So, how should a bad result be dealt with?
This is where science becomes art, and sometimes it will be wrong (but the science is also wrong some of the time). So, here are a few thoughts/suggestions.

  • If you expected the product/concept to fail, the test has probably told you what you already knew, so it is most likely safe to accept the negative finding.
  • If you have tested several similar products, and this is the one of the weaker results, it is probably a good indication the product is weak.

In both of these cases, the role of the modern market researcher is not just to give bad news, it should also include suggesting recommendations for what might work, either modifications to the product/concept, or alternative ideas.

If you can’t see why it failed
If you can’t see why a product failed, try to find ways of understanding why. Look at the open-ended comments to see if they provide clues. Try to assess whether the idea was communicated. For example, did people understand the benefits, and reject them, or not understand the benefits?

Is the product/concept one where people are likely to be able to envisage how the product would fit in their life? If not, you might want to suggest qualitative testing, in-home use test, or virtual reality testing.

Some additional questions
To help understand why products produce a failing score, I find it useful to include the following in screening studies:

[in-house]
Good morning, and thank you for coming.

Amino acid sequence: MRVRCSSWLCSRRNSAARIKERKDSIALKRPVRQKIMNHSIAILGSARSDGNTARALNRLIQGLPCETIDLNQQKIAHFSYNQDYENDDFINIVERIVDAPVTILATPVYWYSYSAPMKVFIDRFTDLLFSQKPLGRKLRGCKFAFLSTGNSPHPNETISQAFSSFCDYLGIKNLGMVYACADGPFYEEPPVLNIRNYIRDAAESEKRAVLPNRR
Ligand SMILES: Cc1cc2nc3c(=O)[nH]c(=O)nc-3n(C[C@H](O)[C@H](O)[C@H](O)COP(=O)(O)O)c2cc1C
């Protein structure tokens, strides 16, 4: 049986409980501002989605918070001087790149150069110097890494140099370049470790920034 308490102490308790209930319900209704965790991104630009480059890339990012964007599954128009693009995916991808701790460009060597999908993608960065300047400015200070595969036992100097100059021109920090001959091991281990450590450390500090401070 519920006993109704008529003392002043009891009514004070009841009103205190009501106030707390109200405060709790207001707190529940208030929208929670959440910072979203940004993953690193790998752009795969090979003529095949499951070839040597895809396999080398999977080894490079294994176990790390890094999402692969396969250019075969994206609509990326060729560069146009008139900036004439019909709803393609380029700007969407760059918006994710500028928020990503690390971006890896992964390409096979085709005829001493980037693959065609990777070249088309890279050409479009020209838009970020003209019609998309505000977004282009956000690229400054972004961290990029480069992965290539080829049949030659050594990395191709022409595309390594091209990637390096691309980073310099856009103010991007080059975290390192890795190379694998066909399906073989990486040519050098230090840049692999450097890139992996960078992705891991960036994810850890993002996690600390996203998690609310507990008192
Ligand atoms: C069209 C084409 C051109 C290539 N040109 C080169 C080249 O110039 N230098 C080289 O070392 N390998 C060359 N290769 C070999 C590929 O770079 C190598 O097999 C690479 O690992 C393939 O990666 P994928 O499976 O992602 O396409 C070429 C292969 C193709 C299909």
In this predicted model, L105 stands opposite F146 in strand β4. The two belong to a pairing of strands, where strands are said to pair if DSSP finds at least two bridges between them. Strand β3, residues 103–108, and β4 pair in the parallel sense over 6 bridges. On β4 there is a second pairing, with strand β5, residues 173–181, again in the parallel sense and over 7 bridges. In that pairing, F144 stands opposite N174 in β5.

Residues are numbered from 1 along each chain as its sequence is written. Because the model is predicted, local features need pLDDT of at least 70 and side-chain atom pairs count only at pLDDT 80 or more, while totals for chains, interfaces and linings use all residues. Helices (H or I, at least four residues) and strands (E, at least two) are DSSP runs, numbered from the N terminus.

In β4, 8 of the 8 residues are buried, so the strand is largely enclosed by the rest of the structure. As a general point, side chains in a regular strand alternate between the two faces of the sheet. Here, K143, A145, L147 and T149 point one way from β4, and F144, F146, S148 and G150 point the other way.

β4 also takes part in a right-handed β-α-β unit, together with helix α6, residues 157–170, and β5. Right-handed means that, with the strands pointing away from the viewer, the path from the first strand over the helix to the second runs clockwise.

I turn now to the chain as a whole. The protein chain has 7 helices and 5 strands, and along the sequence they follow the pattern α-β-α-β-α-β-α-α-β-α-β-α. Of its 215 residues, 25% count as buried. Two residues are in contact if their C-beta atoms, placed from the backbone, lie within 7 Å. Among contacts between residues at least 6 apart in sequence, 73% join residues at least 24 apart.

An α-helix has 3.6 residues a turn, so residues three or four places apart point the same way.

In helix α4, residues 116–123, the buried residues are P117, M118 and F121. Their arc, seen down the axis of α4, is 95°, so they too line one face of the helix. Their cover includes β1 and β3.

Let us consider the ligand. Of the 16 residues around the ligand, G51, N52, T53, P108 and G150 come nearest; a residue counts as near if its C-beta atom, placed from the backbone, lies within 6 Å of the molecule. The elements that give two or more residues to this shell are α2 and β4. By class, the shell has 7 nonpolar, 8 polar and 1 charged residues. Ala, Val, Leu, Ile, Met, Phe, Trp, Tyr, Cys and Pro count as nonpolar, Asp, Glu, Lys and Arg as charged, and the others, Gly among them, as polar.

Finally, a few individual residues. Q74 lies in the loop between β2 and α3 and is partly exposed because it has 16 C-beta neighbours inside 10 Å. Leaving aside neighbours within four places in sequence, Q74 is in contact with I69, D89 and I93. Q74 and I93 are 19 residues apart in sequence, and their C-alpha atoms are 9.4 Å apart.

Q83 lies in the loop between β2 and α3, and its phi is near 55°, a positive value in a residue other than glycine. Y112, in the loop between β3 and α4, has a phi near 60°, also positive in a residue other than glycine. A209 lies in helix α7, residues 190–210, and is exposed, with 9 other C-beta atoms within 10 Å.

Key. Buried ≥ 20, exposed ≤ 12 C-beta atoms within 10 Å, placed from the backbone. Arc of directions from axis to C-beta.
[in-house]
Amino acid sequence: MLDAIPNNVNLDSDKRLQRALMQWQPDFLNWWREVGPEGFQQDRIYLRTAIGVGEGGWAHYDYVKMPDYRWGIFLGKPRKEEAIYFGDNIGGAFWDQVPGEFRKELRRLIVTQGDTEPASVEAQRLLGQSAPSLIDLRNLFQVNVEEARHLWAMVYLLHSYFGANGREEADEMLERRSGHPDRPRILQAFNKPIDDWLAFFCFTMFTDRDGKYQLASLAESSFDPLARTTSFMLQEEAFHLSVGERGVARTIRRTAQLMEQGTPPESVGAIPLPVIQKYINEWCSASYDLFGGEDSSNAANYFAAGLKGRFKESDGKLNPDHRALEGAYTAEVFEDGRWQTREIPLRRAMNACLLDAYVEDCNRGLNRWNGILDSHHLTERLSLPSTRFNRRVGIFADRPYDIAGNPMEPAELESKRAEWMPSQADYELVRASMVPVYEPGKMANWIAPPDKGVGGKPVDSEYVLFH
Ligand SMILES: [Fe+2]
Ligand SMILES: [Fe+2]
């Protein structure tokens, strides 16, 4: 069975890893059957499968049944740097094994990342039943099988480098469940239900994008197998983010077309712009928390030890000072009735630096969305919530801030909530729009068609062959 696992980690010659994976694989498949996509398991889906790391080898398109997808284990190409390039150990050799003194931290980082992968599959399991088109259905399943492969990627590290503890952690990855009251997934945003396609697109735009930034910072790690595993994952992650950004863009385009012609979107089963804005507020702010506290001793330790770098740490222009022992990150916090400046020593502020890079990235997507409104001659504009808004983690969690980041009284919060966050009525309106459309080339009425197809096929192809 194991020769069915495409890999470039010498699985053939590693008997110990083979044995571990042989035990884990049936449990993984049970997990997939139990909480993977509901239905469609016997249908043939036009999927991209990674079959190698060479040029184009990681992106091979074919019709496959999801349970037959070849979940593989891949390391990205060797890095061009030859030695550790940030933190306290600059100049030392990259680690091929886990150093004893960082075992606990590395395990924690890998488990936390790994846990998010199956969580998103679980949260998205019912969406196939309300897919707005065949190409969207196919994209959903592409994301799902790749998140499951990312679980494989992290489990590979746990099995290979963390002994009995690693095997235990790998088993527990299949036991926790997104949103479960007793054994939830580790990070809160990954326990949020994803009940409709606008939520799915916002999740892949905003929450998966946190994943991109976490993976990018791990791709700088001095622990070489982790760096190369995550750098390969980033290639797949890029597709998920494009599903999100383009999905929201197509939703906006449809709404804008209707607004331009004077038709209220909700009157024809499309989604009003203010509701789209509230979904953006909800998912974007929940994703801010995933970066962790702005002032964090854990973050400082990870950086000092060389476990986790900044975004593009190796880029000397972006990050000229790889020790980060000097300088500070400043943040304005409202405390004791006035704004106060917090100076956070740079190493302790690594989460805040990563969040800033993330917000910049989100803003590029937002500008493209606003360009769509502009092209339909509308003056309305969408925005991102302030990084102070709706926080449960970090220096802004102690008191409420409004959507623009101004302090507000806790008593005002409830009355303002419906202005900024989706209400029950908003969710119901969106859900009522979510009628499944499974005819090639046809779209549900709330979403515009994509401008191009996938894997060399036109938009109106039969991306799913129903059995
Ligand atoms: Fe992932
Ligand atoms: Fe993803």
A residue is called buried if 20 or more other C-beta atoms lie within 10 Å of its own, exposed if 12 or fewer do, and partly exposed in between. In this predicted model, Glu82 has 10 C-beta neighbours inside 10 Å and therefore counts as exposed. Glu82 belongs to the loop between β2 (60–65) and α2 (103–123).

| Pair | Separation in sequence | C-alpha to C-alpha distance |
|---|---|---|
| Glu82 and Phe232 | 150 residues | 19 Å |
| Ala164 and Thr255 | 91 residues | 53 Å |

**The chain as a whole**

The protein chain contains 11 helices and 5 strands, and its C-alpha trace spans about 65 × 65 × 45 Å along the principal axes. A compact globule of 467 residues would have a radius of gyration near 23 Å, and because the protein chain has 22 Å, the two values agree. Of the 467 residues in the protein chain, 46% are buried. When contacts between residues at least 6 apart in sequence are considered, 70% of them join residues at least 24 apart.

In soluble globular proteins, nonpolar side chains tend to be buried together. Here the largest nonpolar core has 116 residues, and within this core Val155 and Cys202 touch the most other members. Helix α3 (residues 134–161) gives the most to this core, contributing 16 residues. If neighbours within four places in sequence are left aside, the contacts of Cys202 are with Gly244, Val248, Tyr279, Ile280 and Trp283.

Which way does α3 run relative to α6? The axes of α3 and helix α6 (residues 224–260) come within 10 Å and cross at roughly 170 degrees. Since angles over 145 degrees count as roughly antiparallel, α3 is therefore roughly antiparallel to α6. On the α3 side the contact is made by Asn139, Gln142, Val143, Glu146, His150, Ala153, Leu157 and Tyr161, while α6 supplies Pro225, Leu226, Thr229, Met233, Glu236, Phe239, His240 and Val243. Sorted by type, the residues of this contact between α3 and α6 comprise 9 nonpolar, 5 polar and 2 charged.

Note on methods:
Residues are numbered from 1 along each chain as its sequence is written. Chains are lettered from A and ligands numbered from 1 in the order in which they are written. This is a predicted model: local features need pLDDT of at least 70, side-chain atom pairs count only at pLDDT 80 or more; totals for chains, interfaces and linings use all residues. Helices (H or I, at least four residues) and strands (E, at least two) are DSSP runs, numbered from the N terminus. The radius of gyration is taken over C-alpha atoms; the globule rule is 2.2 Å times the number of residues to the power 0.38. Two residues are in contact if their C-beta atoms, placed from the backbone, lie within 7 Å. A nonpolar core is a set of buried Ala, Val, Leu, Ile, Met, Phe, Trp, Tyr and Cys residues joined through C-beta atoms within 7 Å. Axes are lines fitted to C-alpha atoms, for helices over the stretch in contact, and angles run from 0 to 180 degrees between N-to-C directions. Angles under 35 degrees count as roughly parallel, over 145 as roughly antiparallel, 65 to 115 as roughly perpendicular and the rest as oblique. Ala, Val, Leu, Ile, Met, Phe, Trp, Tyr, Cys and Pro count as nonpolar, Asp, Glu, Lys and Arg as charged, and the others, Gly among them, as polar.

• • What sort of people might use this product?
  • • Why might they like it/use it?
  • • What changes would improve it for these people?

Oct 142013
 

Last week, at the MRMW Conference in London, the future of market research as we know it was challenged by Jan Hofmeyr. Although there were many informative and interesting presentations, Jan was that the only person who was talking about a very different way of doing business.

In writing this post I am working from memory, so apologies if I misrepresent anything. The presentation in London appeared to be a continuation of a presentation that Jan made last year in Amsterdam, at the ESOMAR 3D Conference. A continuation in the sense that he had moved his thinking on, and an extension, in that he now appears to be offering a solution to some of the world’s largest agencies and clients.